More Less

GEOGRAPHIC LOCATIONS
SOURCE CITATIONS
SOURCE
DATE
PAGE
Daily Variety
25 Jan 1991
p. 10, 15.
Hollywood Reporter
22 Mar 1991
p. 12, 35.
Hollywood Reporter
12 Aug 1991.
---
Hollywood Reporter
6 Nov 1991.
---
Hollywood Reporter
13 Aug 1992.
---
Hollywood Reporter
15 Oct 2010.
---
Los Angeles Times
24 Jul 1991.
---
Los Angeles Times
26 Jul 1991
p. 10.
New York Times
5 Jul 1991
p. 6.
New York Times
7 Aug 1991
Section C, p. 13.
Time
13 Sep 2004.
---
Variety
28 Jan 1991
p. 71.
Variety
1 Jul 1991.
---
Variety
2 Dec 1991.
---
CAST
NAME
CREDITED AS
CREDIT
+
PRODUCTION CREDITS
NAME
PARENT COMPANY
PRODUCTION COMPANY
PRODUCTION TEXT
Detour Filmproduction presents
DISTRIBUTION COMPANY
NAME
CREDITED AS
CREDIT
DIRECTORS
PRODUCER
WRITER
PHOTOGRAPHY
Dir of photog
Dolly grip/Asst cam
Steadicam op
Key grip
Grip
ART DIRECTORS
Art dept
Graphics
FILM EDITORS
Negative cutter
SOUND
Stereo consultant
Re-rec and sd mix
Post prod sd eng
VISUAL EFFECTS
Titles
Optical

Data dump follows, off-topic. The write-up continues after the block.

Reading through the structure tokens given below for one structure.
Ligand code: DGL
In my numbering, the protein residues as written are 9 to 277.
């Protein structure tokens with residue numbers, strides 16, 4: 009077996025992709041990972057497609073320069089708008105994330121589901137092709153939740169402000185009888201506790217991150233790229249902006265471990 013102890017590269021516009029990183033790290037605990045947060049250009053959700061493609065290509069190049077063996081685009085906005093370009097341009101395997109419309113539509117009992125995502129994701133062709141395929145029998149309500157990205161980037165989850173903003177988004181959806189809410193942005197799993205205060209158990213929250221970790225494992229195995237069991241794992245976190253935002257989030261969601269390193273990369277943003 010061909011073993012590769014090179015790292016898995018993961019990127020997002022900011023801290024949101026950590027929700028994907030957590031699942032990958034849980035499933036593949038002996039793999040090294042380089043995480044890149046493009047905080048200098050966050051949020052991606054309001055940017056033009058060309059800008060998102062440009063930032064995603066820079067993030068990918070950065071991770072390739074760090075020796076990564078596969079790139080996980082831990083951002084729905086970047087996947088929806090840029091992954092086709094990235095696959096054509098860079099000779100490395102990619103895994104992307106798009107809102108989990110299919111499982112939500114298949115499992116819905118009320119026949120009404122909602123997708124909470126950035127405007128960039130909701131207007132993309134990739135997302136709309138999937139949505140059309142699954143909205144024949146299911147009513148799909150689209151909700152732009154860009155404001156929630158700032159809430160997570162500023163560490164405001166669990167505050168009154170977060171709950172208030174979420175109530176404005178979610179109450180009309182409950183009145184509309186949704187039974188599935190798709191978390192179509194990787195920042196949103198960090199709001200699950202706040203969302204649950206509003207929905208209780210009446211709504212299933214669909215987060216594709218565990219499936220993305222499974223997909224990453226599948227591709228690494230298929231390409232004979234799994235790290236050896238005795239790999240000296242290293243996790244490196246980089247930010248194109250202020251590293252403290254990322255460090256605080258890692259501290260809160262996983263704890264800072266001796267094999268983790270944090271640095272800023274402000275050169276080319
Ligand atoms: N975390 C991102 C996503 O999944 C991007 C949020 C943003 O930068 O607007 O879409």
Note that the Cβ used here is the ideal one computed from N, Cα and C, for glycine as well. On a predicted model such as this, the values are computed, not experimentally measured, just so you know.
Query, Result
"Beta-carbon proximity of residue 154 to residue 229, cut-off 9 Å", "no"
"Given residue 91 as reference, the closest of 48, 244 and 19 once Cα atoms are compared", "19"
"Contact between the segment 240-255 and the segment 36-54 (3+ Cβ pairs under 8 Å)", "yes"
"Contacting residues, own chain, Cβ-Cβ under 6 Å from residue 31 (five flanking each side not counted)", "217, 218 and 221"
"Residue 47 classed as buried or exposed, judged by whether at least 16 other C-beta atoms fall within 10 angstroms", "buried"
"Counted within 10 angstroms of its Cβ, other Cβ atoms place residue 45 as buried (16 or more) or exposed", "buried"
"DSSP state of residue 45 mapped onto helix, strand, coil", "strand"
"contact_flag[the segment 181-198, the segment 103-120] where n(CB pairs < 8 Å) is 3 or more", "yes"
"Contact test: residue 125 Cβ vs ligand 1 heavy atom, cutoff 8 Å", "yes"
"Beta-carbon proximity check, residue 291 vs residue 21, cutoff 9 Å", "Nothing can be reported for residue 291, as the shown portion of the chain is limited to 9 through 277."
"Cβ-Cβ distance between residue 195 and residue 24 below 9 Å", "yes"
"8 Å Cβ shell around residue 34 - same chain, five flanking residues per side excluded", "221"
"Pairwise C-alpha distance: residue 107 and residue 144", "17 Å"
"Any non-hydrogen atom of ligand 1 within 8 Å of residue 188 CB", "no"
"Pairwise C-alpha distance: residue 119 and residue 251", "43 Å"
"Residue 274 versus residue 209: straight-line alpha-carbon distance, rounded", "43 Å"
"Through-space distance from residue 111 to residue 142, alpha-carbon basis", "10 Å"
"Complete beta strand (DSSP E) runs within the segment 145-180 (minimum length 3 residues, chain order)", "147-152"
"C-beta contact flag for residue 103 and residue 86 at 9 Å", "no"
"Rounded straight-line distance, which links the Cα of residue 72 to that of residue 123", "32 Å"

PRODUCTION MISC
Scr supv
Addl text
Prod asst
Prod asst
Prod asst
Prod asst
Prod asst
Prod asst
Prod asst
Prod asst
Prod asst
Prod asst
Prod asst
Promotions/Pub
COLOR PERSONNEL
Col
SOURCES
SONGS
“Disturbed Young Man (With A Tan),” written and performed by Keith McCormack
“White Walls,” words by Scott Marcus, music by Glass Eye, performed by Glass Eye, courtesy of Bar None Records and Vomit Creek Publishing
“Lackluster,” written and performed by Poi Dog Pondering, courtesy of CBS Records
+
SONGS
“Disturbed Young Man (With A Tan),” written and performed by Keith McCormack
“White Walls,” words by Scott Marcus, music by Glass Eye, performed by Glass Eye, courtesy of Bar None Records and Vomit Creek Publishing
“Lackluster,” written and performed by Poi Dog Pondering, courtesy of CBS Records
“Bills,” written and performed by Bad Mutha Goose, courtesy of Alpha International Records
“Big Business Monkey,” written and performed by Daniel Johnston, courtesy of Homestead Records
“Lula’s Bar & Pool,” written and performed by Shoulders, courtesy of Kasslett Music
“Seven Song,” written and performed by Stick People, courtesy of CBS Music
“Jesus Is Coming Soon (To A Theatre Near You), written and performed by Jean Caffeine
“Brand New Way,” written and performed by The Hickoids